The “Aero-Eight” Model 880 for 1920 was boldly announced: “The Forecast of Future Fashions”. The ad further bragged that there were 15,000 miles (24,000 km) possible on its tires. Available were only three body styles, all of them of an open type: A Roadster for 2 and a Speedster for 4 passengers at $2,750 plus a “Tourster” a.k.a. touring car for $2,850. But naming the product got even more creative. While “Sportsedan” and “Sportcoupe” might sound familiar in our ears, “Sportosine” and “Tourosine” for some closed cars definitely do not. These cars got adjustable, “storm-proofed” windshields that had an angled position. Cole switched to Johnson carburettors and introduced a one-piece rear axle and a brake adjuster. The gear ratio was 4.45 (until 1922). A new measure for power replaced the antiquated N.A.C.C. rating. Thus, the Cole V-8 came in with 80 bhp (60 kW) and stayed there until car production ceased. Prices were slightly up and were between $2,750 and $3995.
1921 Coles were only slightly altered. Most of the exalted terms vanished – but “Sportosine” and “Tourosine” remained. There were 8 body styles that were substantially more expensive: $3,250 for the three open cars and between $4,250 and $4,450 for closed. Cole opened new, wider production facilities in 1922. However, sales went down rapidly, mainly because of a short but severe recession. Although there were more models to choose from and prices were reduced drastically (most to a level under that of 1918 / 1919), only 1,722 cars were built of the Model Aero Eight 890, as the car was called that year. The wheelbase was increased by a quarter inch, and the frame ends were split. The Sportcoupe had a weight of 4,155 pounds (1,885 kg). The car was priced at $3,385 with a 75 mph (121 km/h) speedometer.
Innovations in 1923 for the Series 890 Cole were stylish drum-type headlights, cowl ventilation, and a new windshield with an adjustable upper half on open cars. Other elegant details were wire wheels instead of the previously used “artillery wheels” with fashionable disc wheels on the option list. For this year only, some cars had an added sporty touch with runningboards that did not span the whole length, leaving the chassis-mounted spare wheels “free”. Still, with eight types of bodies, prices for open cars were slightly up while those for closed cars remained the same. The most expensive 1922 model, the $4,185 “Tourosine”, was gone as were all those strange names, with the exception of the “Sportsedan”. Only 1,522 cars left the factory that year.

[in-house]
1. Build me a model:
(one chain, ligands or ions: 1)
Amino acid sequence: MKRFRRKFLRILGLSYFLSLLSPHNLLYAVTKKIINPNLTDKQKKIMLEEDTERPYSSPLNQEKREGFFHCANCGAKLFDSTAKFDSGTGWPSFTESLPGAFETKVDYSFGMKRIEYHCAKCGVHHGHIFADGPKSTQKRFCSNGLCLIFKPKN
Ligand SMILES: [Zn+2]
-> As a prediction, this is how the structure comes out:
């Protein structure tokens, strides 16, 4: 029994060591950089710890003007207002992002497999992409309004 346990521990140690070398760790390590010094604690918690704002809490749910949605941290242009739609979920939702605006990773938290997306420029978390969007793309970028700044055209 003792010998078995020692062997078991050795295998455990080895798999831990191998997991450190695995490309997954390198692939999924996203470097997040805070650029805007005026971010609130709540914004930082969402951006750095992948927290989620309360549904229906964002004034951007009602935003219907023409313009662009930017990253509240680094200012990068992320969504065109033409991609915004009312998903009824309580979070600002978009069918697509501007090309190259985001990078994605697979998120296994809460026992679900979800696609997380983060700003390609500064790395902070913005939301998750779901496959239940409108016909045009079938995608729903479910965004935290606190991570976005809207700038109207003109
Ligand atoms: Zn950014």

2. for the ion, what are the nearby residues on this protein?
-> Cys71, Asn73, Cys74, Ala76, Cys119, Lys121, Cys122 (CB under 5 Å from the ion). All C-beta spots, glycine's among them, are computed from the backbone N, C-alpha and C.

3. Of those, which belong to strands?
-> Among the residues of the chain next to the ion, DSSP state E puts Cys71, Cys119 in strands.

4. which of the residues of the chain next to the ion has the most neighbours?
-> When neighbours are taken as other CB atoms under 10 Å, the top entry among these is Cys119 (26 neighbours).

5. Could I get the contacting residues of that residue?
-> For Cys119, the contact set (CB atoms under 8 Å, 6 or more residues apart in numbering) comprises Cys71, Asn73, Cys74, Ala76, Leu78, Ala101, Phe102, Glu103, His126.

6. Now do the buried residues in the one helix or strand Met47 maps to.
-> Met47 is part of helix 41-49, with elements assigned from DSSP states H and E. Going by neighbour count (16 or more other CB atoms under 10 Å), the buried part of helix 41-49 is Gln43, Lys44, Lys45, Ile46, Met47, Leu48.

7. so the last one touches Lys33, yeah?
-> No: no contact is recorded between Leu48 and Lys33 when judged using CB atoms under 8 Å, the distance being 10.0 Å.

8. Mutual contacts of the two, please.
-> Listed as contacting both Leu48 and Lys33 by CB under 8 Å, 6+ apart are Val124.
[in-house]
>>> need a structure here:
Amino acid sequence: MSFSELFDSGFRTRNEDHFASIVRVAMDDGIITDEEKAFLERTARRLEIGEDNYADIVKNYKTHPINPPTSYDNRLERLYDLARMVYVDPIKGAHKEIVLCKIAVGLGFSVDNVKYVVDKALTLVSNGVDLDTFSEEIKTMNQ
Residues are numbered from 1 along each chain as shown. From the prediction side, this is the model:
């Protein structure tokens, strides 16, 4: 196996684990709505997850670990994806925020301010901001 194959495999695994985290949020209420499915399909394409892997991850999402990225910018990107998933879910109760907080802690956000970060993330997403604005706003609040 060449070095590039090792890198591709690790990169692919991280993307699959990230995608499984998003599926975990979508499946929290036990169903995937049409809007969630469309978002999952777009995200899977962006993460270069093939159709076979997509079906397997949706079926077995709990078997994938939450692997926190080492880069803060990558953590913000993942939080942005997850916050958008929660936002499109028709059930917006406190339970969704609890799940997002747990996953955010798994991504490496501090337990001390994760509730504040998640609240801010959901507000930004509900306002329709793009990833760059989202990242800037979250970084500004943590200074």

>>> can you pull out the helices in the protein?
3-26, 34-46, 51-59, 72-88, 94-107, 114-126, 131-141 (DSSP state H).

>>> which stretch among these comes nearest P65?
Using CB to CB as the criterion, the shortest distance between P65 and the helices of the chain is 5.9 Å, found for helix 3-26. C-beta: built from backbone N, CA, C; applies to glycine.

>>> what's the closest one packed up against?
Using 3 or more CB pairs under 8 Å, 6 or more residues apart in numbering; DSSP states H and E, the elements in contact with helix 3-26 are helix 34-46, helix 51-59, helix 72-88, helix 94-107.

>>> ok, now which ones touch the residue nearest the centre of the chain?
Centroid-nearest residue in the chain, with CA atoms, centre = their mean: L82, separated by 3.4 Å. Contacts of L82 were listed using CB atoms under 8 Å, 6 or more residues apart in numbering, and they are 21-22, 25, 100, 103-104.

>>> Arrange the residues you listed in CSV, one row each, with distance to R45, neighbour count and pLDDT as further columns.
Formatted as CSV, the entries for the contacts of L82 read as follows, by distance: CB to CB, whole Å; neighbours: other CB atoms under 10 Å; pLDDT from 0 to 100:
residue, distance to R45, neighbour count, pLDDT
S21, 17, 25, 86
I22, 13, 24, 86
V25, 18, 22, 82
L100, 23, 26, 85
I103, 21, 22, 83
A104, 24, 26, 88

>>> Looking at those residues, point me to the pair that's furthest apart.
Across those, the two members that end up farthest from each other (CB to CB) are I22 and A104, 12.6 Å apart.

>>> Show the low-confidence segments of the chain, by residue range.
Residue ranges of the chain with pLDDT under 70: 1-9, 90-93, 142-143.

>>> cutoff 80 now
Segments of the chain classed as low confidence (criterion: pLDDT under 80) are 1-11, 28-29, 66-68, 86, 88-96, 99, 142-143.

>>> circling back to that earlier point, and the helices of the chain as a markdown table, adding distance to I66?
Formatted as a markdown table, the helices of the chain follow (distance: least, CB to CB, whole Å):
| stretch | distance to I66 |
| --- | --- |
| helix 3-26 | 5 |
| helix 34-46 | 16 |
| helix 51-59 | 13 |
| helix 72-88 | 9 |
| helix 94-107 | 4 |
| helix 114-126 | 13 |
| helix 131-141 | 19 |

In this situation and without any debts yet, J. J. Cole decided to liquidate his company rather than risking his fortune by going on. So, it is no wonder that the Model 890, now also called “Master” series, went little changed on the show room floors. Full-length running boards were back on all models. There were seven body styles, again sharply reduced to prices as low as $2,175 for open bodies, $2,750 for a coupe and $3,075 for other closed cars. A Cole was honored to pace that year’s Indy 500 race.
Before the curtain finally fell, there were five cars available for 1925. Balloon tires (34″ × 7.3″) were now standard equipment, and the cars got new two-piece rear bumpers, so-called “bumperettes”. Although Joseph Cole began liquidating his firm early in 1925, 607 cars left the factory. He died suddenly of an infection on August 8, 1925, shortly before liquidation was finished.
Throughout its life, Cole produced 40,717 cars of which 75 are known to survive today. The Cole firsts that they are known for are
- 1909 – Tests each and every automobile on the road and tunes-up under actual driving conditions
- 1910 – Offers Firestone demountable rims as standard equipment
- 1911 – Includes four doors as standard equipment
- 1912 – Adopts the Prest-O-Lite self starter
- 1913 – Becomes known as ‘The Standardized Car’
- 1915 – Introduces the first V-8 engine with detachable cylinder heads
- 1923 – Uses balloon tires as standard equipment on the Volante model of cars
- 1924 – Has the first balloon-tire equipped pace car for the Indianapolis 500 race